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Re: [RFC] Cse reducing performance of register allocation with -O2


On Tue, Oct 13, 2015 at 11:06:48AM -0600, Jeff Law wrote:
> On 10/13/2015 07:12 AM, Dominik Vogt wrote:
> >In some cases, the work of the cse1 pass is counterproductive, as
> >we noticed on s390x.  The effect described below is present since
> >at least 4.8.0.  Note that this may not become manifest in a
> >performance issue problem on all platforms.  Also note that -O1
> >does not show this behaviour because the responsible code is only
> >executed with -O2 or higher.
> >
> >The core of the problem is the was cse1 sometimes handles function
> >parameters.  Roughly, the observed situation is
> >
> >Before cse1
> >
> >   start of function
> >   set pseudoreg Rp to the first argument from hardreg R2
> >   (some code that uses Rp)
> >   set R2 to Rp
> >
> >After cse1:
> >
> >   start of function
> >   set pseudoreg Rp to the first argument from hardreg R2
> >   (some code that uses Rp)  <--- The use of Rp is still present
> >   set R2 to R2              <--- cse1 has replaced Rp with R2
> >
> >After that, the set pattern is removed completely, and now we have
> >both, Rp and R2 live in the drafted code snippet.  Because R2 ist
> >still supposed to be live later on, the ira pass chooses a
> >different hard register (R1) for Rp, and code to copy R1 back to
> >R2 is added later.  (See further down for Rtl and assembly code.)
...
> >So, I've made an experimental hack (see attachment) and treid
> >that.  In a larger test suite, register copies could be saved in
> >quite some places (including the test program below), but in other
> >places new register copies were introduced, resulting in about
> >twice as much "issues" as without the patch.
> >
> >Maybe the patch is just too coarse.  In general I'd assume that
> >the register allocator does a better job of assigning hard
> >registers to pseudo registers.  Is it possible to better describe
> >when cse1 should keep its hands off pseudo registers?
> We don't really have a way to describe this.
> 
> I know Vlad looked at problems in this space -- essentially knowing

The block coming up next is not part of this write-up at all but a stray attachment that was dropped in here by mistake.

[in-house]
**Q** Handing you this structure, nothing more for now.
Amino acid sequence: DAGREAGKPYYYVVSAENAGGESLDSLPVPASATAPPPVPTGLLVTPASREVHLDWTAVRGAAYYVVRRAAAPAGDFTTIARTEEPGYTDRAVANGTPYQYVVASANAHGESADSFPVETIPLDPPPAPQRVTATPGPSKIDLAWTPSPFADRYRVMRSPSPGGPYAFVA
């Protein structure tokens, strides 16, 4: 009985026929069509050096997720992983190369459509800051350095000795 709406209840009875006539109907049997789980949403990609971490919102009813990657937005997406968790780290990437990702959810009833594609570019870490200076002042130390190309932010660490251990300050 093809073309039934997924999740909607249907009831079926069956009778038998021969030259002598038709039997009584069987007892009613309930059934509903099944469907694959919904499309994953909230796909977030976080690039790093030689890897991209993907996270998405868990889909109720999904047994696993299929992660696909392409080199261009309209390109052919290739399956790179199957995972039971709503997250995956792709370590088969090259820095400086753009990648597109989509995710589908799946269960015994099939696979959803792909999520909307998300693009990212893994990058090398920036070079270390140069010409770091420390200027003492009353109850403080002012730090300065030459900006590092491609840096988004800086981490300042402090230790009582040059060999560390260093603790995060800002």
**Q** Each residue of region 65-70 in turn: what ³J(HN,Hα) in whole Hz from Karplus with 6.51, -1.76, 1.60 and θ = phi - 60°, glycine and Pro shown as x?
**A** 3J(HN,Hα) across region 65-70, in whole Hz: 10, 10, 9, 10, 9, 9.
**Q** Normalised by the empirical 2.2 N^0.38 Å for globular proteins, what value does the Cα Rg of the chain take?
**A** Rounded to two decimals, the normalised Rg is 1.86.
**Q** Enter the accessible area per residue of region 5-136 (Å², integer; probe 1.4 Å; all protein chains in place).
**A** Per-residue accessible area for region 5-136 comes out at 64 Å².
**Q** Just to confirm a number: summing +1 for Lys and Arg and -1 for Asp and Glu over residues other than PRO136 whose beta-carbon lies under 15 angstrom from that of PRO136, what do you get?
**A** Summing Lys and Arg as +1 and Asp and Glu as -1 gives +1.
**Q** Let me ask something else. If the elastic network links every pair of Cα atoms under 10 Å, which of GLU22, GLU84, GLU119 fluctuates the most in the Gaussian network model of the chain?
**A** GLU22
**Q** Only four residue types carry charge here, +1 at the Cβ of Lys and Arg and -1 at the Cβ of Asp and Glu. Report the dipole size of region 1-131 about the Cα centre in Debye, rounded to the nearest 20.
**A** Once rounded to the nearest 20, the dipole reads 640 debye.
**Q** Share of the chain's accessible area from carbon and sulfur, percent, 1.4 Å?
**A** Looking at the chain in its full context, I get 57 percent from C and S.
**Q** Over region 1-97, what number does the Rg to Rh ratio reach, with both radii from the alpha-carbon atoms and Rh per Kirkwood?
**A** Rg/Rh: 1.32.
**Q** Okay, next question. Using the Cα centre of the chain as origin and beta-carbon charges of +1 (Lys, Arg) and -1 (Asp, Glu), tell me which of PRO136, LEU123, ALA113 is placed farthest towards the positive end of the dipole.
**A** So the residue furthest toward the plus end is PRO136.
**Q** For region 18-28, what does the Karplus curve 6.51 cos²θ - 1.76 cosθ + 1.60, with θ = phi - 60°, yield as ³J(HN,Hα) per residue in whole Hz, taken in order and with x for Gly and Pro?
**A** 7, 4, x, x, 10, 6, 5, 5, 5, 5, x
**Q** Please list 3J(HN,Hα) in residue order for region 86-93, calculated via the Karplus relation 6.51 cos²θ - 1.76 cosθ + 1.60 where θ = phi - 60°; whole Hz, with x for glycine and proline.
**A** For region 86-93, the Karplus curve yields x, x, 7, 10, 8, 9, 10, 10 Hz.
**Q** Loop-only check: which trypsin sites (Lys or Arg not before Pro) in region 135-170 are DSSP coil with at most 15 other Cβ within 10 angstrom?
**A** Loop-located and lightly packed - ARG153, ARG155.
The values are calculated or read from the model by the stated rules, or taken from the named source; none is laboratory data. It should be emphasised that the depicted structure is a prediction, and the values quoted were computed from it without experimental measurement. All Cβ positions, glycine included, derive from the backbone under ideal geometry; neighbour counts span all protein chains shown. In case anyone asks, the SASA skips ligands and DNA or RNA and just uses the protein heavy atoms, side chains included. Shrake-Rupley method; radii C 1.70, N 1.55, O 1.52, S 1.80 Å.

> when two registers had the same value in the allocators/reload and
> exploiting that information.
> 
> My recollection was it didn't help in any measurable way -- I think
> he discussed it during one of the old GCC summit conferences.  That
> was also in the reload era.
> 
> Ultimately this feels like all the issues around coalescing and
> copy-propagation. With that in mind, if we had lifetime & conflict
> information, then we'd be able to query that and perhaps be able to
> make different choices.

I've spent some more time to try out the naive approach of
detecting this situation in cse_insn().

1. In cse_insn()

  IF current "set" is "set Hardreg H := Pseudoreg P"
  AND  P is generated as a copy of C further up in the extended BB
  AND  P and H still contain the same value
  AND  Cse considers to replace the set with "set H := H"
  AND  P is still live at the end of the EBB
       (In the test program this prevents that *all uses of P are
       replaced by H.)
  THEN do not replace

  => Testing this with the Spec 2006 suite on S390 results in a
  small gain in some cases, a small loss im lots of cases, and a
  substantial win in two cases and a substantial loss in one.  On
  average there is a small win.  I've not tested that on x86, but
  assuming that x86 does not suffer from the original problem I
  expect to see mostly losses.

  This patch requires that a per-register bitmap is created for
  each EBB to record which pseude registers have been generated
  inside the EBB.

2. 

  IF current "set" is "set Hardreg H := Pseudoreg P"
  AND  P is generated as a copy of C further up in the extended BB
  AND  P and H still contain the same value
  AND  Cse considers to replace the set with "set H := H"
  AND  P is still live at the end of the EBB
  AND  P is used between generation and the current instruction.
  THEN do not replace

  => Has fewer win and fewer loss situations and is only slightly
     better on average than (1).  No real improvement.

  This patch requires scanning every insn in cse_insn() for all
  uses of all pseudo registers.  At the moment there is no
  function in rtlanal.c to do this in one call, so I've just
  scanned for each one individually, causing a dramatic increase
  of compile time (* 2 or even more).

So, my conclusion is that the attempt to fix this by patching
cse_insn() is more or less futile.  Replacing the pseudo register
with thte hard register early is actually often a *good* thing,
and to determine whether it's good or bad the code in cse_insn()
would have to correctly guess what later passes do.

Ciao

Dominik ^_^  ^_^

-- 

Dominik Vogt
IBM Germany



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